Over the last couple of days it’s become clear that the gene therapy division at Novartis has quietly undergone a major reorganization. We learned on Monday that Dave Lennon, who had pursued a high-profile role as president of the unit with 1,500 people, had left the pharma giant to take over as CEO of a startup.

Like a lot of the majors, Novartis is an open highway for head hunters, or anyone looking to staff a startup. So that was news but not completely unexpected.

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Who are the women su­per­charg­ing bio­phar­ma R&D? Nom­i­nate them for this year's spe­cial re­port

The biotech industry has faced repeated calls to diversify its workforce — and in the last year, those calls got a lot louder. Though women account for just under half of all biotech employees around the world, they occupy very few places in C-suites, and even fewer make it to the helm.

Some companies are listening, according to a recent BIO survey which showed that this year’s companies were 2.5 times more likely to have a diversity and inclusion program compared to last year’s sample. But we still have a long way to go. Women represent just 31% of biotech executives, BIO reported. And those numbers are even more stark for women of color.

David Meek, new Mirati CEO (Marlene Awaad/Bloomberg via Getty Images)

Fresh off Fer­Gene's melt­down, David Meek takes over at Mi­rati with lead KRAS drug rac­ing to an ap­proval

In the insular world of biotech, a spectacular failure can sometimes stay on any executive’s record for a long time. But for David Meek, the man at the helm of FerGene’s recent implosion, two questionable exits made way for what could be an excellent rebound.

Meek, most recently FerGene’s CEO and a past head at Ipsen, has become CEO at Mirati Therapeutics, taking the reins from founding CEO Charles Baum, who will step over into the role of president and head of R&D, according to a release.

Rafaèle Tordjman (Jeito Capital)

Con­ti­nu­ity and di­ver­si­ty: Rafaèle Tord­j­man's women-led VC firm tops out first fund at $630M

For a first-time fund, Jeito Capital talks a lot about continuity.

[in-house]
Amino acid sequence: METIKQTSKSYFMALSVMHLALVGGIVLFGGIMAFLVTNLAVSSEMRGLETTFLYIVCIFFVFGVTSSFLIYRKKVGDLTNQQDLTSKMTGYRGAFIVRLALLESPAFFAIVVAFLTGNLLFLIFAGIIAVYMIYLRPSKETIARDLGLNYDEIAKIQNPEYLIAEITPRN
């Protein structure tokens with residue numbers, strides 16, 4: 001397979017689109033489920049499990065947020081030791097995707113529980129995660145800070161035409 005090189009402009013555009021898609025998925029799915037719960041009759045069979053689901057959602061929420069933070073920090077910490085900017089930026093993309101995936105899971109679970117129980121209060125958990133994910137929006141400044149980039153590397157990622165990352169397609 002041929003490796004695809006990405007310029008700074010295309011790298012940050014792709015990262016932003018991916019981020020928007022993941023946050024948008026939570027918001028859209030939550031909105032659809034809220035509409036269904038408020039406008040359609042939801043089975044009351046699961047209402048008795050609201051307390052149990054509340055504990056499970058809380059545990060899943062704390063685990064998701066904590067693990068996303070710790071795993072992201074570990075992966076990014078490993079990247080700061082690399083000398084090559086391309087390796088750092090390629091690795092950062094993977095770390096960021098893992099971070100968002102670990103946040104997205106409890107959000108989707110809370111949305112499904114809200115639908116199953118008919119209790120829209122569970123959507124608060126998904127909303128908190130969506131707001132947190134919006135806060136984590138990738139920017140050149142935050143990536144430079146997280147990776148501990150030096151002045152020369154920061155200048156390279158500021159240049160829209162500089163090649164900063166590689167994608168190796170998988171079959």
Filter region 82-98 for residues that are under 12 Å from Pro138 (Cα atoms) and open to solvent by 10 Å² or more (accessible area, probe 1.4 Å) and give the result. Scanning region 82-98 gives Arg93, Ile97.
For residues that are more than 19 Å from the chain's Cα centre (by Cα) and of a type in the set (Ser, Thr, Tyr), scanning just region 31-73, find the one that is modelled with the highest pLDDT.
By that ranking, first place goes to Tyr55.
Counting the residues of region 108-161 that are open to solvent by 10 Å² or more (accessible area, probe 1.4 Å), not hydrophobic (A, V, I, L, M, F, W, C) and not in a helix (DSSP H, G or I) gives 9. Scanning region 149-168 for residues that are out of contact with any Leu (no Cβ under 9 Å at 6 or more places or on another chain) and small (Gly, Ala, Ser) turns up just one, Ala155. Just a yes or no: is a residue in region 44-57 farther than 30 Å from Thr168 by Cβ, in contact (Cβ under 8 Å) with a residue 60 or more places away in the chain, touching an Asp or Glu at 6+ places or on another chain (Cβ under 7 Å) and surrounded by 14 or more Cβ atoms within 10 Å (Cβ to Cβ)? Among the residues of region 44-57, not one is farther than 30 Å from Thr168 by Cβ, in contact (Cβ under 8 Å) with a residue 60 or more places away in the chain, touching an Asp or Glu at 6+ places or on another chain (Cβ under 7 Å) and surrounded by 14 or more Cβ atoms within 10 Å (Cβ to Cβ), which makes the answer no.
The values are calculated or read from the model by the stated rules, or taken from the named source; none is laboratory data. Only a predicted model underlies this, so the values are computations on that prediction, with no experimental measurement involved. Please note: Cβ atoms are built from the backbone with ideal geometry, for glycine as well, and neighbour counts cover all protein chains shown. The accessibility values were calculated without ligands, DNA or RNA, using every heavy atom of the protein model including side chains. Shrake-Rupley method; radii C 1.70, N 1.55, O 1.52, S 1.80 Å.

Rafaèle Tordjman had spotlighted that concept ever since she started building the firm in 2018, promising to go the extra mile(s) with biotech entrepreneurs while pushing them to reach patients faster.

Coincidentally, the lack of continuity was one of the sore spots listed in a report about the European healthcare sector published that same year by the European Investment Bank — whose fund is one of the LPs, alongside the American pension fund Teacher Retirement System of Texas and Singapore’s Temasek, to help Jeito close its first fund at $630 million (€534 million). As previously reported, Sanofi had chimed in €50 million, marking its first investment in a French life sciences fund.

When ef­fi­ca­cy is bor­der­line: FDA needs to get more con­sis­tent on close-call drug ap­provals, agency-fund­ed re­search finds

In the exceedingly rare instances in which clinical efficacy is the only barrier to a new drug’s approval, new FDA-funded research from FDA and Stanford found that the agency does not have a consistent standard for defining “substantial evidence” when flexible criteria are used for an approval.

The research comes as the FDA is at a crossroads with its expedited-review pathways. The accelerated approval pathway is under fire as the agency recently signed off on a controversial new Alzheimer’s drug, with little precedent to explain its decision. Meanwhile, top officials like Rick Pazdur have called for a major push to simplify and clarify all of the various expedited pathways, which have grown to be must-haves for sponsors of nearly every newly approved drug.

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Af­ter sell­ing to Genen­tech, the old Je­cure team is back at an RNA-fo­cused start­up — and more en­thu­si­as­tic than ever

When Genentech swooped in to buy NASH-focused Jecure Therapeutics back in 2018, a handful of the startup’s executives weren’t quite ready to disperse.

It had been just three years since Jecure launched with a preclinical portfolio of NLRP3 inhibitors — and the takeover came sooner than anyone, including CEO Jeff Stafford, had expected. So he got talking with James Veal and Gretchen Bain, two serial entrepreneurs in charge of Jecure’s R&D.

Lat­est news: It’s a no on uni­ver­sal boost­ers; Pa­tient death stuns gene ther­a­py field; In­side Tril­li­um’s $2.3B turn­around; and more